Sometimes acquiring other companies means taking the bad with the good. In Medtronic's case, that means settling multiple Department of Justice claims against ev3, a business Medtronic owns by way of its Covidien acquisition.
Covidien bought ev3 in 2010 and Medtronic finalized its $49.9 billion Covidien deal in early 2015. Now, Medtronic is paying the price for activities that ev3 allegedly conducted between 2005 and 2009 involving the Onyx Liquid Embolic System.
FDA approved the device in 2005 as a liquid embolization device that is surgically injected into blood vessels to block blood flow to arteriovenous malformations in the brain. Although the device was only approved for use inside the brain, the DOJ claims ev3 sales reps encouraged surgeons to use Onyx in large quantities for procedures outside the brain.
FDA officials reportedly raised concern in 2008 about the use of Onyx outside the brain and told ev3 it would have to conduct a study to gain approval for outside-the-brain procedures. Investigators say that instead of conducting such a study, ev3 reps attended surgical procedures and provided explicit instructions to surgeons about how to use the device for unapproved procedures outside the brain, including in greater quantities than would be used in the brain. The company also allegedly set up a system of sales quotas and bonuses that incentivized reps to sell Onyx for unapproved uses and trained its sales force on how to instruct surgeons on unapproved uses of the device.
The government said that although Medtronic played no role in the alleged criminal conduct, the company has agreed to implement new compensation structures to ensure the sales force responsible for marketing Onyx is not incentivized to sell the device for unapproved uses. Medtronic has also agreed to conduct compliance monitoring related to Onyx sales and marketing.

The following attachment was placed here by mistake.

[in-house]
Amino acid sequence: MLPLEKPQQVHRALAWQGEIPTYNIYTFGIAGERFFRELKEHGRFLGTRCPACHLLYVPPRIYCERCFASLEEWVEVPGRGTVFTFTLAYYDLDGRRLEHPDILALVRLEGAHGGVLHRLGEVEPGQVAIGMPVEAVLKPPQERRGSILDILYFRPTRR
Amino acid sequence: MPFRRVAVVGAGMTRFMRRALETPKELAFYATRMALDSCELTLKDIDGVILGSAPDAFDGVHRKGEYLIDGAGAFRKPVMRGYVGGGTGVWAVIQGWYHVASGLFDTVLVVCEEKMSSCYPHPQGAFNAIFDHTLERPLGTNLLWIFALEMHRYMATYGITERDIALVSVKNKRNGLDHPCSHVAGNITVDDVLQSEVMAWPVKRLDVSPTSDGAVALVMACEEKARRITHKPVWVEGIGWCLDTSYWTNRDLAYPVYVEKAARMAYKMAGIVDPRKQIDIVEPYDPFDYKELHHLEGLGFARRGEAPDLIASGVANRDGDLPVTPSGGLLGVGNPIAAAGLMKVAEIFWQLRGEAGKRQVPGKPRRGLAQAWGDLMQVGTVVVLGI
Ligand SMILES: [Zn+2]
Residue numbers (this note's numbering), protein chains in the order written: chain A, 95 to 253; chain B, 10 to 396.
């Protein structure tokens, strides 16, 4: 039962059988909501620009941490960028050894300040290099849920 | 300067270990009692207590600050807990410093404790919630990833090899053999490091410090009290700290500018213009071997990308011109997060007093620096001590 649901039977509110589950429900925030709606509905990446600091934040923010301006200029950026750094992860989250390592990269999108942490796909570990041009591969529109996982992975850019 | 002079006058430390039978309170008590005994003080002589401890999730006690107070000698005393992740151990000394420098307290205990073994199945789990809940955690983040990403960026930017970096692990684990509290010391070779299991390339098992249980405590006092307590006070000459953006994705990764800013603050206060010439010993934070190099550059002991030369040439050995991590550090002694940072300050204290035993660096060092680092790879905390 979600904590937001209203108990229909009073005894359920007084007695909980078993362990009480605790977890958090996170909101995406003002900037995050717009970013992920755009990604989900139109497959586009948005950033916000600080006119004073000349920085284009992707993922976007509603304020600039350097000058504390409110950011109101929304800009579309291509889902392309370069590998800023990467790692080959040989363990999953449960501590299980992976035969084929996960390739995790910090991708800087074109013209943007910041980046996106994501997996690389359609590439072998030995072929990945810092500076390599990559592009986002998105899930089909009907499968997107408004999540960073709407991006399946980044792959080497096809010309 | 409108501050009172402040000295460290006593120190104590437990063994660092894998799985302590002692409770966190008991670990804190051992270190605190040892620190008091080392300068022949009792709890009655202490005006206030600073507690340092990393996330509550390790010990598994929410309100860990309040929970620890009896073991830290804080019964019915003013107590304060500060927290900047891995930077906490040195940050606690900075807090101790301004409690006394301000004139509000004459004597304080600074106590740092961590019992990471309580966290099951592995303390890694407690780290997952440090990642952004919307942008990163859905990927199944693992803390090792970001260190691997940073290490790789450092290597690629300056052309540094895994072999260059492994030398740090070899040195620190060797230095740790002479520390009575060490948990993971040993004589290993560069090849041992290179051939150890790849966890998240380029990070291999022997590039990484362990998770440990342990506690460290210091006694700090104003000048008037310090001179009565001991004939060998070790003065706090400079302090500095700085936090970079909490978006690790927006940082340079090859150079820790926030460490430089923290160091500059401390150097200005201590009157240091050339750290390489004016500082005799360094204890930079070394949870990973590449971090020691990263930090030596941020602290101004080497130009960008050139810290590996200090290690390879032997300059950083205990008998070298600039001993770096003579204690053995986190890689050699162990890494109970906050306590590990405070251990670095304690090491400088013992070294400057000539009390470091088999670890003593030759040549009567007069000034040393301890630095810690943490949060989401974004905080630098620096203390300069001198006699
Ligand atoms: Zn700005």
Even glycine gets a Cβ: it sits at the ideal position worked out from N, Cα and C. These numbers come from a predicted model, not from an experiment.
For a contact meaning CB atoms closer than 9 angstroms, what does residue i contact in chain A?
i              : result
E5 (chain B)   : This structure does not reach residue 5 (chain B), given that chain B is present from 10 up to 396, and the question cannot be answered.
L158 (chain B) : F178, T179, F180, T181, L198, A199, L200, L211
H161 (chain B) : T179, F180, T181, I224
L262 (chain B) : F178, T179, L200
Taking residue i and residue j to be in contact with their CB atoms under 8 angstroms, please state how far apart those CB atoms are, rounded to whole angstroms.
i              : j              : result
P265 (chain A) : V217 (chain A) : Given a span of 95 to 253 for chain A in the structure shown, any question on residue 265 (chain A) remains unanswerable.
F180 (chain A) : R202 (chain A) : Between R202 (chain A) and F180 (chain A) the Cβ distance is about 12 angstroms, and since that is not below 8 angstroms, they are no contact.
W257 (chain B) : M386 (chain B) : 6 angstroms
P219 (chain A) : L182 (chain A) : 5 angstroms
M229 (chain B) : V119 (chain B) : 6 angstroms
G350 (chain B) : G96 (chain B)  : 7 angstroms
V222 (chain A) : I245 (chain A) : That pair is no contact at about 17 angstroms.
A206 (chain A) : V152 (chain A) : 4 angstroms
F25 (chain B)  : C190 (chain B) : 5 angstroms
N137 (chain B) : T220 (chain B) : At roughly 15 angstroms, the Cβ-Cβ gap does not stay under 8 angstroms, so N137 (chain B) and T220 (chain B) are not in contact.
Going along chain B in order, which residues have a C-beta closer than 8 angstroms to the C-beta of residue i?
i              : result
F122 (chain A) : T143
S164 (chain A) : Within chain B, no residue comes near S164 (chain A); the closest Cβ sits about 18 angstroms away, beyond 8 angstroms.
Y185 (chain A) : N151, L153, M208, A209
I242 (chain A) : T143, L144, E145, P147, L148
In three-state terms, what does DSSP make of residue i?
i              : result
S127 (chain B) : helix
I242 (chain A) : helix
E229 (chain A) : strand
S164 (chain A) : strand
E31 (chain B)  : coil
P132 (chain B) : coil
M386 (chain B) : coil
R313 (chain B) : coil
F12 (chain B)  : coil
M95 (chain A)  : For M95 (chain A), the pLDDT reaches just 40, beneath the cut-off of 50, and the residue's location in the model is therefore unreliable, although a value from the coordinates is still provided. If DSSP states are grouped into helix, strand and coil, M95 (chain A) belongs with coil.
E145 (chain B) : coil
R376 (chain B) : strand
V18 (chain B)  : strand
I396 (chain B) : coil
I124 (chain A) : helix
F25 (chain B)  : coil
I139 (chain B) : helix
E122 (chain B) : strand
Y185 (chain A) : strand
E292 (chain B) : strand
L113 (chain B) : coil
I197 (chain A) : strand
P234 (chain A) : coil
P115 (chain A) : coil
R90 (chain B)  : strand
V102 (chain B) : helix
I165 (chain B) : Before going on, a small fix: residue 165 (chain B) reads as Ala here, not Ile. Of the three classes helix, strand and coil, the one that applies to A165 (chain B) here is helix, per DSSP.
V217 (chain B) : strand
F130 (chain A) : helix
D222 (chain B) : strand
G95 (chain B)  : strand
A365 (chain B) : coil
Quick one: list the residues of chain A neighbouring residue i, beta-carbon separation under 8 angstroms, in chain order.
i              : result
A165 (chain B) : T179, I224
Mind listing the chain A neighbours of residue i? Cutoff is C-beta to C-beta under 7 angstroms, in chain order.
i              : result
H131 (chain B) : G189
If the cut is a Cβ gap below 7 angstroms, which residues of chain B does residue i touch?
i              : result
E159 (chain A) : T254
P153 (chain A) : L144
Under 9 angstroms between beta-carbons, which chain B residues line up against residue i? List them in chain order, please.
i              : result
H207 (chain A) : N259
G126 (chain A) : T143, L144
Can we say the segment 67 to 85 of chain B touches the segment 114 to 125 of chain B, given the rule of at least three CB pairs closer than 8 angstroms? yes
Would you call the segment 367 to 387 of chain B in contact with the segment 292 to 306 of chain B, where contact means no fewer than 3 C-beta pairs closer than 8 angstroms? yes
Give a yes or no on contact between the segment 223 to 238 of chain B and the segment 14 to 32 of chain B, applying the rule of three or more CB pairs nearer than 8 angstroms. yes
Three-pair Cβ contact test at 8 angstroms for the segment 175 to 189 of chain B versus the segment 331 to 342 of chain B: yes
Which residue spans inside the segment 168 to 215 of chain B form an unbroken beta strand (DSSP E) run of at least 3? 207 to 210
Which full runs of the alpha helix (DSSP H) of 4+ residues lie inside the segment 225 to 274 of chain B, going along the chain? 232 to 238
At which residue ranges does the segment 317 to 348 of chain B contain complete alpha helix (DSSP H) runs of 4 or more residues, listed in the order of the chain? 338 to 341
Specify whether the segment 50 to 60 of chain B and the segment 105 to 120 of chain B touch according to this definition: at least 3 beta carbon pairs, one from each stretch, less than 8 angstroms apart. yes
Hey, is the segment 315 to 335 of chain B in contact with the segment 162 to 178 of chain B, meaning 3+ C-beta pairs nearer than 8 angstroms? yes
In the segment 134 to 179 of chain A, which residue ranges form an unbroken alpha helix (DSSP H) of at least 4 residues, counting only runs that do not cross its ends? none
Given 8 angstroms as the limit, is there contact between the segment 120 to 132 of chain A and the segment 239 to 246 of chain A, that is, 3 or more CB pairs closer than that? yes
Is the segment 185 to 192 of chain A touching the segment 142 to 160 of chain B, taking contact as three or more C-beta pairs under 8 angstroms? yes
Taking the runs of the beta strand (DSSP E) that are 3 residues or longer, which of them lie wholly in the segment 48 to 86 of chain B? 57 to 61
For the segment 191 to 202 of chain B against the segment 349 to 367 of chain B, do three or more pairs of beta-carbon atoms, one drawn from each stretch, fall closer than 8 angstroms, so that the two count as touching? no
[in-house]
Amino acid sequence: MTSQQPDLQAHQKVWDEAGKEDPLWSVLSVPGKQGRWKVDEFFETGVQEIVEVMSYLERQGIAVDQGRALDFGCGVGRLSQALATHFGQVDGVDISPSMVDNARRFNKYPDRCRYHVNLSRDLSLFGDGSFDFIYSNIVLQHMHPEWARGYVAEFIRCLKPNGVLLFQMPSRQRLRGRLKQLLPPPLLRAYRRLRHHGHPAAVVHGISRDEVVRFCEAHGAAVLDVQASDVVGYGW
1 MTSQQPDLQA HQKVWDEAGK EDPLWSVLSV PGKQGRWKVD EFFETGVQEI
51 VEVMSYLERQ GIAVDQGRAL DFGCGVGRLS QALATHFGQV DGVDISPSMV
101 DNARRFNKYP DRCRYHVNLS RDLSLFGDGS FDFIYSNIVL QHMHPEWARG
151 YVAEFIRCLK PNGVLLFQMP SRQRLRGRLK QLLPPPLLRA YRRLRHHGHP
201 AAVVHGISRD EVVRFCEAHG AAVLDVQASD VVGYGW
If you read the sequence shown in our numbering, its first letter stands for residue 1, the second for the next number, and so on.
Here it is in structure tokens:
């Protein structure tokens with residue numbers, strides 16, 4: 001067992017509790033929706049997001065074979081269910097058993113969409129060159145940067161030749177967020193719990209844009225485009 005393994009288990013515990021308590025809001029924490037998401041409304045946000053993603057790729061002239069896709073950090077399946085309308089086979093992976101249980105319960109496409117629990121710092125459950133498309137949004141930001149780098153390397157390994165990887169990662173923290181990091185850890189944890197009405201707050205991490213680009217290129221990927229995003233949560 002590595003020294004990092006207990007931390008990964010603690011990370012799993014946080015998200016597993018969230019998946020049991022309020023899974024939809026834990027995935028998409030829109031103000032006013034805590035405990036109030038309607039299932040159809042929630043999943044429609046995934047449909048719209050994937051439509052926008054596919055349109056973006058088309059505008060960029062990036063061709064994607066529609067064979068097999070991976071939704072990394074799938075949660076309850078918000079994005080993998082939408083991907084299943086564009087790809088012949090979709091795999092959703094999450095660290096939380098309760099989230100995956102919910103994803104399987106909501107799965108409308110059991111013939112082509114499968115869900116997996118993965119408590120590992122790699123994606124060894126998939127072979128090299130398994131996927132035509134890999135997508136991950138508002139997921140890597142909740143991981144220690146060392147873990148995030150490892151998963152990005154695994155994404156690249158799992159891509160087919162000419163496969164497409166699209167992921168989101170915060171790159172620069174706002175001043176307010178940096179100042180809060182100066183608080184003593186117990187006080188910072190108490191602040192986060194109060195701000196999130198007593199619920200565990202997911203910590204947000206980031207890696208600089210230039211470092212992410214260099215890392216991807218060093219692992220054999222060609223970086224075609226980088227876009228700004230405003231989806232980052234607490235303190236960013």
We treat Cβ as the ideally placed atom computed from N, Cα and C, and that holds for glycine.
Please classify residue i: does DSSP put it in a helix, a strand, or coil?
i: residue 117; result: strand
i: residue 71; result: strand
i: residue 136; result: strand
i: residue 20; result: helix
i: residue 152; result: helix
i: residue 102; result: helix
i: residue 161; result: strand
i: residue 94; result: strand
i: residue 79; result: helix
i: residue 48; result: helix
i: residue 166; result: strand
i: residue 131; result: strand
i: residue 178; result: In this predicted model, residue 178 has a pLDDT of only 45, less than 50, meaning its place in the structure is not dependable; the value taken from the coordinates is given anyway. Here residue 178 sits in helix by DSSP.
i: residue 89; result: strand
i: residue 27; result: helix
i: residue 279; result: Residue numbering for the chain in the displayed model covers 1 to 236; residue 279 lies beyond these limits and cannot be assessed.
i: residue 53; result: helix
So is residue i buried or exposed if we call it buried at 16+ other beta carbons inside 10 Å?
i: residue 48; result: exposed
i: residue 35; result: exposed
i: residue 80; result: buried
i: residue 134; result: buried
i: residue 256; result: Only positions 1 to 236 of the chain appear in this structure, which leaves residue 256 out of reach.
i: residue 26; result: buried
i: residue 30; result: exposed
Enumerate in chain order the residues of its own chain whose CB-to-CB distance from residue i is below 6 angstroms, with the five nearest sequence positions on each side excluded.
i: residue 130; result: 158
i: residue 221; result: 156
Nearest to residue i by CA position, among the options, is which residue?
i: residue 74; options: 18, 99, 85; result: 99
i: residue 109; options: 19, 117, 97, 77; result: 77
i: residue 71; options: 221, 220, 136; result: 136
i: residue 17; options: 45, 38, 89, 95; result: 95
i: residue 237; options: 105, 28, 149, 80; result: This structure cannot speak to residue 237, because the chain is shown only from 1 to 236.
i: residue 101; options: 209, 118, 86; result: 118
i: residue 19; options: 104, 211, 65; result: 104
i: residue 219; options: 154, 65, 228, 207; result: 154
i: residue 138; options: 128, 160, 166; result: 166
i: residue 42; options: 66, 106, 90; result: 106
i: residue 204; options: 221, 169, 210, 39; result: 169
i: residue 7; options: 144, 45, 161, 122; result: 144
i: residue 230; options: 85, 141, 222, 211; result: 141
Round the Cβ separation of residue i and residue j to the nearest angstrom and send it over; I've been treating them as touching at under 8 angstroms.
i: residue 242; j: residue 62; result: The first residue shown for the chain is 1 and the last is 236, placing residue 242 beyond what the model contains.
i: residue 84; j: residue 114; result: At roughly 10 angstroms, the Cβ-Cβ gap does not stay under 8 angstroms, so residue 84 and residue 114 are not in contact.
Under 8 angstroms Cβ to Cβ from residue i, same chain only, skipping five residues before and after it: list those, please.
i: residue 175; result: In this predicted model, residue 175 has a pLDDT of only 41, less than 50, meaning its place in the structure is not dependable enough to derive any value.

Medtronic also agreed to pay $17.9 million to resolve the claims against ev3. That includes a fine of $11.9 million and the forfeiture of $6 million.
The Dublin, Ireland-based company also agreed to pay $20 million to resolve claims concerning various market-development and physician engagement activities conducted by Covidien and ev3 Peripheral Vascular and endoVenous businesses. Medtronic said the settlement is "a compromise of disputed claims" and the company "makes no admission that any of these activities were improper or unlawful."
A third settlement involves a registry of real-world data on Medtronic's Solitaire stent retriever. Medtronic said it agreed to pay $13 million to resolve the Justice Department's investigation of the Systematic Evaluation of Patients Treated With Stroke Devices for Acute Ischemic Stroke (STRATIS) registry, but again the company called the settlement a compromise of disputed claims and admitted no fault.
In 2017 the company reported that real-world data from the STRATIS registry showed that the Solitaire stent retriever in patients suffering acute ischemic stroke shows the device can perform just as well in the real world as it did in four separate clinical trials.
Medtronic said the plea agreement and settlements all concern matters that took place "largely or entirely prior to Medtronic acquiring the businesses in which the activities took place."
"Medtronic has made significant investments in ensuring that it fulfills its obligations to all of its stakeholders and to do business the right way," the company said in a press release.
Medtronic also noted that after it acquired Covidien and ev3 it initiated additional compliance measures to prevent potential violations of the Food, Drug, and Cosmetics Act by ev3 and its employees.
"Medtronic cooperated fully with the Department of Justice during its investigation, and we believe our ongoing, rigorous compliance programs and ethical practices enabled us to reach a fair resolution of these cases," the company said.